4 Tips to Create a Winning Proposal – The Digital Project Manager
The world has changed. Why is this happening? Smartsheet transforms your work.
Although I cannot guarantee that every proposal will win, I can give you some tips to help you avoid making mistakes and letting your proposal go to waste. Tip: To see an example of a winning proposal, and the reasoning behind it, sign up to DPM and take our Master Project Proposals workshop.
Don’t make your readers think
Remember: You are telling a story
Everything should fit the ask
Here are my top four tips to save your proposal from being thrown out: 1. Answer the Mail — Don’t make your readers think
Don’t force your audience to search for something in your proposal if they have asked for it. Use the terminology they have asked for, answer their specific questions verbatim with their exact question, and provide a reference table that indicates where your proposal addresses their scoring criteria. Don’t hide the lead! 2. Mind The Arc – Remember: You’re telling a story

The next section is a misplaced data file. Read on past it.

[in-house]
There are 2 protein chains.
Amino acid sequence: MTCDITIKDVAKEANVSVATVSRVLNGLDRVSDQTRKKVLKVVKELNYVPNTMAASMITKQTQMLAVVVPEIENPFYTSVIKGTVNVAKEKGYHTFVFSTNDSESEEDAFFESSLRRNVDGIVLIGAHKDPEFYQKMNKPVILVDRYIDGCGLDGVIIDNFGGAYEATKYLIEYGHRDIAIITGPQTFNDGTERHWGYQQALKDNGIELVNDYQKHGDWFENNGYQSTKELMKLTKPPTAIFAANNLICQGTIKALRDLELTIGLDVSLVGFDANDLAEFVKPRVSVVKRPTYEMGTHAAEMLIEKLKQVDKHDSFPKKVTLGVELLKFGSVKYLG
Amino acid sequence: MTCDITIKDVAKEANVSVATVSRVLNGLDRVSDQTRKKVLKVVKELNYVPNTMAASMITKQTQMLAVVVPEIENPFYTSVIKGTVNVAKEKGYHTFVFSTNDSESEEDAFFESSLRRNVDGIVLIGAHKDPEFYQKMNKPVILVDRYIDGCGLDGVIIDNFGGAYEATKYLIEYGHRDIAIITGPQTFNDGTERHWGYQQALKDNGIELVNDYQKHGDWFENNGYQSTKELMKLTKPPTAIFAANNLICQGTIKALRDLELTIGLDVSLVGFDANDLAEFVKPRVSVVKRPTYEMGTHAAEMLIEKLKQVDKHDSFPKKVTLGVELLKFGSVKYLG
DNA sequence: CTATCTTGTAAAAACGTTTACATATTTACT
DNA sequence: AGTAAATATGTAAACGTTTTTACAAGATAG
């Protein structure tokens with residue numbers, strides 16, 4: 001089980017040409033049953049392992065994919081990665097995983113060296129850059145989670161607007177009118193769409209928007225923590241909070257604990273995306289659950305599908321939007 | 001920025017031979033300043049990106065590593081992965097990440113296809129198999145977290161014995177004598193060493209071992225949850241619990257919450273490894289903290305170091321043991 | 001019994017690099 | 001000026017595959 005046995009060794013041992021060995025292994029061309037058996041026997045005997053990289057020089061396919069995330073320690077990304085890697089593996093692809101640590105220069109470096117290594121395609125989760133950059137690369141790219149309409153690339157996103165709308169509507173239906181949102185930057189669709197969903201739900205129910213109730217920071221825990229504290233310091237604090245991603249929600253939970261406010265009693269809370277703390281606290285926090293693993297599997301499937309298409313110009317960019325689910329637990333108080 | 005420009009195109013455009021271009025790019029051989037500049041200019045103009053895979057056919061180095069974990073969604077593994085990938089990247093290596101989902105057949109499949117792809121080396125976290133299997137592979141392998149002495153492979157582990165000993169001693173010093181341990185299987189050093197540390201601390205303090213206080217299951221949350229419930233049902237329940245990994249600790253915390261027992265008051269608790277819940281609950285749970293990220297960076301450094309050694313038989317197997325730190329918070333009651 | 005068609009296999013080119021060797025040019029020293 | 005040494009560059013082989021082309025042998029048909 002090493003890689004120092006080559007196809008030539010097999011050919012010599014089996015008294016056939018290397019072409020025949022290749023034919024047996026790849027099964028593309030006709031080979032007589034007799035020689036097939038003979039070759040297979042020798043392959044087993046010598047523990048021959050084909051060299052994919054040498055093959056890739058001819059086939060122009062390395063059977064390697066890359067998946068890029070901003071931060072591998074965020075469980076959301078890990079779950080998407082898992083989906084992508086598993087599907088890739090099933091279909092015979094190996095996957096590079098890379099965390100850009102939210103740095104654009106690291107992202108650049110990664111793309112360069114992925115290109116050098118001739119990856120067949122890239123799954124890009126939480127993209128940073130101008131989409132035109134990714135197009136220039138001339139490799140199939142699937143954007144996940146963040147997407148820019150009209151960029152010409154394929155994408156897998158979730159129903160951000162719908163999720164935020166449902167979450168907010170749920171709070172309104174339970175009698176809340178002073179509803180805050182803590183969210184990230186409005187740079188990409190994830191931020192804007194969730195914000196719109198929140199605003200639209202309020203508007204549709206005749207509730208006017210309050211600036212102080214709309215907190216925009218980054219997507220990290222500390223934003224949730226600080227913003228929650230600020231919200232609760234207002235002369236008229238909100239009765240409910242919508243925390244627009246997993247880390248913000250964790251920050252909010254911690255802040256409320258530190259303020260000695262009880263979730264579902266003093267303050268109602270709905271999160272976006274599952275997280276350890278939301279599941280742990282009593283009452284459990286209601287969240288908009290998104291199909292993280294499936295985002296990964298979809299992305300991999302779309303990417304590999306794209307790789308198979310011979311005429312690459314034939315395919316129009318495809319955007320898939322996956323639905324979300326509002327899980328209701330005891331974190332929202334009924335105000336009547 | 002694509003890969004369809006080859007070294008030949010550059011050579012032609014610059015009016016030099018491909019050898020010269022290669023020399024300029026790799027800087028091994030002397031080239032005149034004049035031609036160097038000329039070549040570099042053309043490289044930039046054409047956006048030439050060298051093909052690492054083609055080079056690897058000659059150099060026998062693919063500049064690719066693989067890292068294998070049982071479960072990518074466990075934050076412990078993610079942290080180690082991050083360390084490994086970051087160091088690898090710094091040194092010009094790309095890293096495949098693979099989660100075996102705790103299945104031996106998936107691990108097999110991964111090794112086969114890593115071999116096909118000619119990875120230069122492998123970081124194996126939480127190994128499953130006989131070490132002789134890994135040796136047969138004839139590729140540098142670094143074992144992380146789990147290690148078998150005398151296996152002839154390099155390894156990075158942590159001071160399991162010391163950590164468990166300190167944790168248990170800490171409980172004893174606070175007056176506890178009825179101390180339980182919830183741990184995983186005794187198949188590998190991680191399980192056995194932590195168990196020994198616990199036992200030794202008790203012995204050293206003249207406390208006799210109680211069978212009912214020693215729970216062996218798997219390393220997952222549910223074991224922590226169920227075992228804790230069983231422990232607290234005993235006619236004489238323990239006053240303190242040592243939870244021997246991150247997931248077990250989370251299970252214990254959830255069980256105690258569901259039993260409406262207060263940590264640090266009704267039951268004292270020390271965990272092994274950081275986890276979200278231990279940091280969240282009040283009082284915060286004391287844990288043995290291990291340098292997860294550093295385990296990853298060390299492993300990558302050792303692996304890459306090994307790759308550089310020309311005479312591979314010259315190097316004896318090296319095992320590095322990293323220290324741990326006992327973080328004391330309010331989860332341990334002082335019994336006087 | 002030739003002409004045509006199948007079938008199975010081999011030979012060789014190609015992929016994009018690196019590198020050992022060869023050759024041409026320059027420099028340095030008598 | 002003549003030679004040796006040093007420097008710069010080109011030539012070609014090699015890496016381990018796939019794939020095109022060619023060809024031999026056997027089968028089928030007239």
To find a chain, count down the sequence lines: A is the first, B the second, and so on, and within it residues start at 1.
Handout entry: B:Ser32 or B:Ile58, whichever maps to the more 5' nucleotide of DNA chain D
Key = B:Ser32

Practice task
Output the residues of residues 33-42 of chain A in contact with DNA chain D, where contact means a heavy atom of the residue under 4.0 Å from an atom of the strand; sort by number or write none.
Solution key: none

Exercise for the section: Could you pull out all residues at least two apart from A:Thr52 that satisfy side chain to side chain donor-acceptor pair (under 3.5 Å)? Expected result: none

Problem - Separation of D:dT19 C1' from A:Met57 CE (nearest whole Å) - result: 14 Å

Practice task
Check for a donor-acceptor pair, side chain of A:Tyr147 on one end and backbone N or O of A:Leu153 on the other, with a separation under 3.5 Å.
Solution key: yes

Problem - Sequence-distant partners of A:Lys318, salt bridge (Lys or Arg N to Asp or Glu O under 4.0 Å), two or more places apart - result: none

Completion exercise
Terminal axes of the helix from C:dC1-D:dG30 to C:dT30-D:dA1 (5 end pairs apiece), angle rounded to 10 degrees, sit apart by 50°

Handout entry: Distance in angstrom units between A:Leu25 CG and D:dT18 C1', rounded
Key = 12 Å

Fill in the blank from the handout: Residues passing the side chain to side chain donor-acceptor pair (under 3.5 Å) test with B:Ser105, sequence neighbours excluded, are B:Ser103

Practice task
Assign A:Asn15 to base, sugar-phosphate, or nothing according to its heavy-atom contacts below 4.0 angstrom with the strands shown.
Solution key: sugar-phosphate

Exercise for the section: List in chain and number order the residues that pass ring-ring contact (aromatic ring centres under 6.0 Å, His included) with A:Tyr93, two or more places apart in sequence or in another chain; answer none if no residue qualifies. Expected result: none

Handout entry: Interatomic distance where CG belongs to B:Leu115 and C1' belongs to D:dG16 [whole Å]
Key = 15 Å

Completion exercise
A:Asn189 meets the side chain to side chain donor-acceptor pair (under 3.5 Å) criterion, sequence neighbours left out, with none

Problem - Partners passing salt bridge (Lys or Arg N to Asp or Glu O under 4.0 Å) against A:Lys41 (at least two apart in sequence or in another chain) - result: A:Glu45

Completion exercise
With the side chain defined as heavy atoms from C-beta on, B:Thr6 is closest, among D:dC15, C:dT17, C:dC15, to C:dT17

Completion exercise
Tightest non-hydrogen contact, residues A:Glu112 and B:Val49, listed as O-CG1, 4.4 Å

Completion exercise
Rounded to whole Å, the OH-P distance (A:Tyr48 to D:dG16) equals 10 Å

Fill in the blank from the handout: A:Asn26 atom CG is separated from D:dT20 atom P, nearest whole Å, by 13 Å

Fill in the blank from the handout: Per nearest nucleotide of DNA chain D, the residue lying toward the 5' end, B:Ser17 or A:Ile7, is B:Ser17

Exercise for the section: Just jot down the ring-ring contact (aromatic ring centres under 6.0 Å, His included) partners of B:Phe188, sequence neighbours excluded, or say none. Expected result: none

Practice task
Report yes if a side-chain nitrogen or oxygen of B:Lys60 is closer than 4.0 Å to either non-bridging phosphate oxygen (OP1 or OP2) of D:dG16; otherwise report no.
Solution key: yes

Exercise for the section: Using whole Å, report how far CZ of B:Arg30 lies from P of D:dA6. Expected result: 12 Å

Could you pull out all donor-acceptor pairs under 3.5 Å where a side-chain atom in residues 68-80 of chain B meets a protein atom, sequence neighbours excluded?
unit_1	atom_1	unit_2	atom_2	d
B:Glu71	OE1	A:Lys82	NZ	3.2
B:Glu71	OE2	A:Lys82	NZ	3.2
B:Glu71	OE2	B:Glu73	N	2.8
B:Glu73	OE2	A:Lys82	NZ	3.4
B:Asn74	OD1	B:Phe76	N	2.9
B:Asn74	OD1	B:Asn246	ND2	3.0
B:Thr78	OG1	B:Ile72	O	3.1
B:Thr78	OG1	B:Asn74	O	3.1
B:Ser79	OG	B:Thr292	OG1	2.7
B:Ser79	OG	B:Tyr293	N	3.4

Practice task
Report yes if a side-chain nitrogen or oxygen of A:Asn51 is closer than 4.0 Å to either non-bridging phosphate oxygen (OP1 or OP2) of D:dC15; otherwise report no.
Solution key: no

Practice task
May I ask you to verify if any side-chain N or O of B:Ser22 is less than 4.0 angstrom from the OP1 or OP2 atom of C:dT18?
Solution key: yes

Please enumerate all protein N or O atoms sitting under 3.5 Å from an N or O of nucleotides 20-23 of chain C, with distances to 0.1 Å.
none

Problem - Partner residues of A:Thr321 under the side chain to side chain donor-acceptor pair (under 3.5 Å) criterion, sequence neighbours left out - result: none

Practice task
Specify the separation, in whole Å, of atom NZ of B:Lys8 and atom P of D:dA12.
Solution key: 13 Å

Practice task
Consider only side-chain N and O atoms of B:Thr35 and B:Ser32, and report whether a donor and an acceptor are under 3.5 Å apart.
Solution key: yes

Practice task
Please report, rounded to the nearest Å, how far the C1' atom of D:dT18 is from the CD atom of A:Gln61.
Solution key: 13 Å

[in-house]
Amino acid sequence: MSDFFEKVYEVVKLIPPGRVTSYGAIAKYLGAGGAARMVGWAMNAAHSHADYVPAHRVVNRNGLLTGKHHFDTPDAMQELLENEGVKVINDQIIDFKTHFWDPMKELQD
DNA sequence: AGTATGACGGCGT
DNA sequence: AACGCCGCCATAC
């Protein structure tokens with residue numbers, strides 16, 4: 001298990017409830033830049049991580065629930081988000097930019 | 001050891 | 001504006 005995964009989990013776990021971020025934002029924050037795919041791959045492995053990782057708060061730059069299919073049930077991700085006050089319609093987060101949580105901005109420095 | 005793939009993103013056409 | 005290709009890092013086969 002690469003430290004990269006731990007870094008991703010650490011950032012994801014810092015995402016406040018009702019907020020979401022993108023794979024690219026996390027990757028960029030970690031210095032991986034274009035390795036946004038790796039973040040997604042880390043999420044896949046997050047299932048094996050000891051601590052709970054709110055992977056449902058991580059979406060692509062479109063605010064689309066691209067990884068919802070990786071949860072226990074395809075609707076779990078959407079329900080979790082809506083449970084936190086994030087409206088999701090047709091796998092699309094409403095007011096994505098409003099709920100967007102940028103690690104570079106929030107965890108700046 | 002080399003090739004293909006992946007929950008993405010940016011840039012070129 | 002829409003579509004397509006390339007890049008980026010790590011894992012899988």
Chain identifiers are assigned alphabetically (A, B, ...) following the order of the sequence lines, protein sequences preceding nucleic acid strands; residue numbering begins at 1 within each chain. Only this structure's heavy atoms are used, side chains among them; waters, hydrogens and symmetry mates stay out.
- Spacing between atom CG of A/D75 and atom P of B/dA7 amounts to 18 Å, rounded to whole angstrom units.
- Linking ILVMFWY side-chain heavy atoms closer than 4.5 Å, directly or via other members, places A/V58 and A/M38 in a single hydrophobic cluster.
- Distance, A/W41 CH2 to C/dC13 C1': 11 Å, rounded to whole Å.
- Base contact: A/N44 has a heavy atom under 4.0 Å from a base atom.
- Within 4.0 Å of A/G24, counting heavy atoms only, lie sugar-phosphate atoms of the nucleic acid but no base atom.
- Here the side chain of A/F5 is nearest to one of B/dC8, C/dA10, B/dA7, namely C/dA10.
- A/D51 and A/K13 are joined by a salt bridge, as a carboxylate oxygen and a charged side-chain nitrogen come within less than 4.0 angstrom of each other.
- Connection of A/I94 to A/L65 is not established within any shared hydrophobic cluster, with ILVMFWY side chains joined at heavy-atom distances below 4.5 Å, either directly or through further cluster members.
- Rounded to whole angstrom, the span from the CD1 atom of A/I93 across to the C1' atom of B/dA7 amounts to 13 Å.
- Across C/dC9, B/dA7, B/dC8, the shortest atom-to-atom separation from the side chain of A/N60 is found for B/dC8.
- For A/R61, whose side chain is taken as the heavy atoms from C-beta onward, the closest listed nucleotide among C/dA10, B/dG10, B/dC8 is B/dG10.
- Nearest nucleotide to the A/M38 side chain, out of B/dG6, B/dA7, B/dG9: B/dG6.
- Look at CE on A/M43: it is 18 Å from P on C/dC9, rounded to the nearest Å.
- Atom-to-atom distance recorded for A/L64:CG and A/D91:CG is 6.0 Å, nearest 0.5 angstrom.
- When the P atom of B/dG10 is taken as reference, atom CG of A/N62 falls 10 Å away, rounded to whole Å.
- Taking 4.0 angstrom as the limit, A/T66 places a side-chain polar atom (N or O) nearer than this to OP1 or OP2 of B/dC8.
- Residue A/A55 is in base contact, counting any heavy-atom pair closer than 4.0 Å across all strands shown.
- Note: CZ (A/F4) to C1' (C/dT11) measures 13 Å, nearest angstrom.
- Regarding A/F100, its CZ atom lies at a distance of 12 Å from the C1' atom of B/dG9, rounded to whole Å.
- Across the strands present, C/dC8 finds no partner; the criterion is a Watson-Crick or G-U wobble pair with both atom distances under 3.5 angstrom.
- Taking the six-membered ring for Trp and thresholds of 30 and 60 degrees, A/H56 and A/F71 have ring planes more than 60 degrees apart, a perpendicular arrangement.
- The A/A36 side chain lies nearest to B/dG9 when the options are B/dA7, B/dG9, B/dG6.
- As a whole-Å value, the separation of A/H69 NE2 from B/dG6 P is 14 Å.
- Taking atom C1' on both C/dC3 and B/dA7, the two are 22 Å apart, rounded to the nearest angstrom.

Although not every proposal will be read from beginning to end, it is a good idea to give each section its own narrative that is interesting, relevant, and informative.
It could be viewed as each section being an episode in a season of television: you can watch each one by itself, but there are themes and sub-plots running throughout the entire season to tie everything together. 3. Tailor, Tailor, Tailor! Everything Should Fit The Ask
Do not fill your proposal with boilerplate or bits from other proposals. Instead, invest the time to ensure that every sentence is relevant to the question.
Review every line of content that you haven’t created specifically for this proposal. If possible, explain how the content applies to them. For example, “we chose this case because this organization needed …”)..” 4. Be consistent
If your proposal sounds like it was written by 12 different people, readers will have trouble understanding it. To reduce cognitive load, consistency in voice and tone can help you to keep your audience focused on your argument. Use a lightweight style guide to provide some guidelines to your contributors as they create content. As a group, review content to ensure everyone has an opportunity to see the content. What do you think?
What are your top tips for winning a project proposal? What are your top pet peeves as a proposal reviewer? Comment below!